How my story begins: Prior to my diagnosis, I was living a very stressful life –– I was commuting 4 hours every day to get to a demanding job, and I was seeing my son for just a couple hours a day as a result. I was also recovering from a rough breakup.
I didn't see an ob-gyn for many years because my primary doctor performed a Pap as part of my annual physical. In December 2014, he told me my Pap results were abnormal (I had HPV), and suggested cryotherapy treatments (3 sessions). In January 2015, I went to his office to receive the first treatment. During the session, while my legs were on the stirrups, he decided to “help ease my pain” by rubbing my clitoris. I got very upset and asked him to stop. When the session ended, I stormed out of his office in tears and never went back.
I needed 2 more sessions to complete the treatment, but my life became very chaotic just then, so I failed to find a doctor right away. I started spotting after having sex, and when I broke up with my boyfriend, I started spotting between very abundant periods. Only after quitting my job was I able to book an appointment with an ob-gyn.
The nurse who performed the Pap saw "a polyp." It was about 1.5cm. When she received the results, she referred me to another doctor, who examined me and saw a lesion that was about 2.5cm and performed a biopsy. She then called me to her office to give me the news: I was diagnosed with squamous cell carcinoma stage IB in June 2016.
I was then referred to an oncologist, who examined me in order to create a plan… in a couple of weeks, the tumor grew to 3.5cm. He suggested a hysterectomy or radiation/chemo. I was leaning towards surgery but decided to get a second opinion. This new oncologist ordered an MRI and other exams. The results indicated the tumor was already 5.5cm, and the cancer had spread to my pelvic lymph nodes, so she gave me a new diagnosis in July 2016: carcinoma stage IIB.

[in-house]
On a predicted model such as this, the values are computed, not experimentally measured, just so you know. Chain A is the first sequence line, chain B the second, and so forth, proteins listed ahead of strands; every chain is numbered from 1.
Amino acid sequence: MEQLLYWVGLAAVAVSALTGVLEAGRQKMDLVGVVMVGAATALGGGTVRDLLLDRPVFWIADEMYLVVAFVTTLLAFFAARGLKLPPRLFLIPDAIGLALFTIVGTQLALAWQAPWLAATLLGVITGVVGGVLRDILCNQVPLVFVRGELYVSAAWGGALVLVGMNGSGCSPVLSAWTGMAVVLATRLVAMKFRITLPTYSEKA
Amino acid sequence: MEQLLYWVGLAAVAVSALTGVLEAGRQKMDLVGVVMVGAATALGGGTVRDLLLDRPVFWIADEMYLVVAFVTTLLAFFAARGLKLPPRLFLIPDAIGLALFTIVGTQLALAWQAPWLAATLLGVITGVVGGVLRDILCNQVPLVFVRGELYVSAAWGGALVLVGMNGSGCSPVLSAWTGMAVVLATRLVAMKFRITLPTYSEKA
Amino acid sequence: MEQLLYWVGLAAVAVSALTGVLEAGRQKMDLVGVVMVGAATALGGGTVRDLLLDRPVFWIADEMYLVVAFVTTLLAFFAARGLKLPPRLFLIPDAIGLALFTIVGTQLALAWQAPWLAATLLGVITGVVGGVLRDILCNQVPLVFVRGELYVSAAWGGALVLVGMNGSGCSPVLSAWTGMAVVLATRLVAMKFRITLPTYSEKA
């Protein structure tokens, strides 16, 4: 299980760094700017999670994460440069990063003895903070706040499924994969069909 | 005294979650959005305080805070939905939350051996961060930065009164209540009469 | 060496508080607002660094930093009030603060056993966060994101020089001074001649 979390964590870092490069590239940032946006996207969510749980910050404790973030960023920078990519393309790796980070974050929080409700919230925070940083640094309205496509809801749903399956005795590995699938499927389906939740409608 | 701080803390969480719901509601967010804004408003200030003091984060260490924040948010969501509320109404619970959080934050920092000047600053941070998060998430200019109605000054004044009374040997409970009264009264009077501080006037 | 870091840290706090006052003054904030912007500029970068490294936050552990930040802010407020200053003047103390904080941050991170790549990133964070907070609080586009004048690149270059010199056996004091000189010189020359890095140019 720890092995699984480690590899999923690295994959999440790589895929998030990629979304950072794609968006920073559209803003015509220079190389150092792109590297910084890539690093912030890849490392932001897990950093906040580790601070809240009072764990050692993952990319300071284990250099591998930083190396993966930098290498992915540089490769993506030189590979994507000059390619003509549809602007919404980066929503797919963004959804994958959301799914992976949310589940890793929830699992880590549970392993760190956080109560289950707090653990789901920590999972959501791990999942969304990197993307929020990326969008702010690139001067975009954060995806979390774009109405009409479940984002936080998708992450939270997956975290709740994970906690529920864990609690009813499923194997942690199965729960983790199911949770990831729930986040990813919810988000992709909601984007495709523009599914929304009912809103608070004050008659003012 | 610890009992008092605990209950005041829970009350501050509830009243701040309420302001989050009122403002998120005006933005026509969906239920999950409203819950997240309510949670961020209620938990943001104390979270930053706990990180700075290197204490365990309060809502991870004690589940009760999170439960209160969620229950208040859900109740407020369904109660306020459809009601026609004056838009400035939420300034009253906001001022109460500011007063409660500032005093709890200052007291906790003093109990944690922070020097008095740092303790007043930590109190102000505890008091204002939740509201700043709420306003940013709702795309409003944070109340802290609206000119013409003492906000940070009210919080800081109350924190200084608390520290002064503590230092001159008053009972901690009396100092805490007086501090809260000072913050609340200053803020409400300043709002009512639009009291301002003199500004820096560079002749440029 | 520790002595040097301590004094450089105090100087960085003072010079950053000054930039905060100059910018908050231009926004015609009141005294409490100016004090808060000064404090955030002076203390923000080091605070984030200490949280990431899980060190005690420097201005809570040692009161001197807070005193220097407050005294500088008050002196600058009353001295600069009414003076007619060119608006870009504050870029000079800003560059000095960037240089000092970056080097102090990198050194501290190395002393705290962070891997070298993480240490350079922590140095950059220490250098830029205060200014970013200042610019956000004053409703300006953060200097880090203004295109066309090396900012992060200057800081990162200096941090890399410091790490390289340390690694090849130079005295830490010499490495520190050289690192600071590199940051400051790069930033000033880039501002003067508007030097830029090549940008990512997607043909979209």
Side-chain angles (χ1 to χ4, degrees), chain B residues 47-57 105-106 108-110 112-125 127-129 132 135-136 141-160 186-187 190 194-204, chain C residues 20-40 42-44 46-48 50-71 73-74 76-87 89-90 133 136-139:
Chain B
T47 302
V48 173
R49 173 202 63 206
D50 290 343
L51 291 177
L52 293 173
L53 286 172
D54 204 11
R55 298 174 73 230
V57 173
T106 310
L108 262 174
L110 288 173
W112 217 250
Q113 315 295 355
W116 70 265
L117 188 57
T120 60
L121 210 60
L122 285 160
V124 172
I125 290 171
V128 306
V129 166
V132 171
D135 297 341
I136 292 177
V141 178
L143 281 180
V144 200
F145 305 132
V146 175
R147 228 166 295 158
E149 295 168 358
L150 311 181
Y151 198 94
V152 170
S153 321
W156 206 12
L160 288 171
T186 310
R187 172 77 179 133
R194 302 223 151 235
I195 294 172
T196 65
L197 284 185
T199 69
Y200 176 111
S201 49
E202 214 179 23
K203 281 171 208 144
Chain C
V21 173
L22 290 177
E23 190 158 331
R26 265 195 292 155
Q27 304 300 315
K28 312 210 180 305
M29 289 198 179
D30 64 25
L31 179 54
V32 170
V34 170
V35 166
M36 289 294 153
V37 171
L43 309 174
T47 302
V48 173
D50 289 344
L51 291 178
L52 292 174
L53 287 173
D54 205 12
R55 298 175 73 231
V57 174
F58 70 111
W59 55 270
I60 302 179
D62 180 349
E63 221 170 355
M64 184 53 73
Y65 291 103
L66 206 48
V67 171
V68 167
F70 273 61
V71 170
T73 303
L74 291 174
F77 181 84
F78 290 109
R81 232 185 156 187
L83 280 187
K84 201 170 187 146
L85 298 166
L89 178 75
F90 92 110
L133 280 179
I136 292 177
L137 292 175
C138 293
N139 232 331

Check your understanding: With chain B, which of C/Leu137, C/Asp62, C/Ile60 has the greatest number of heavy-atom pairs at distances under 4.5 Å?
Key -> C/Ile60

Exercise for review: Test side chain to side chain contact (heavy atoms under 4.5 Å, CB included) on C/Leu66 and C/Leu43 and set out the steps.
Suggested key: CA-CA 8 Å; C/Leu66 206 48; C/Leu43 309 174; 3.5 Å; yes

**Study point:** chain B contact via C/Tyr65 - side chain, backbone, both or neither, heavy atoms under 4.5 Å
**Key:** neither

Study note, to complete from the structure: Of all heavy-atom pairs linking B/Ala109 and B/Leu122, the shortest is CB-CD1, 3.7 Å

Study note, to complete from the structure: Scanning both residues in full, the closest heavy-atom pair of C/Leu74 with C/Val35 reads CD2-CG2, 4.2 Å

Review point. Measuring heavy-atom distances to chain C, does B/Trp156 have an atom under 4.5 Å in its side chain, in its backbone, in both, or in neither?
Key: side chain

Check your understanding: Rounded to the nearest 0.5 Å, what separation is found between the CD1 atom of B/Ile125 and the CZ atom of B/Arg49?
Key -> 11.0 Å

How I felt after diagnosis: I was completely numb for a while. One day it hit me, and I started crying a lot. I realized the cancer in my body was not a curse, a punishment, or something I had to fight. It was a wake-up call. It was a message and I needed to listen. It generated from HPV, but also from a lack of self-love, incoherencies, and bottled up emotions, so I consciously started to be more loving towards myself, to let go of many stressful situations and fake friendships, and to confront people to deal with resentment issues.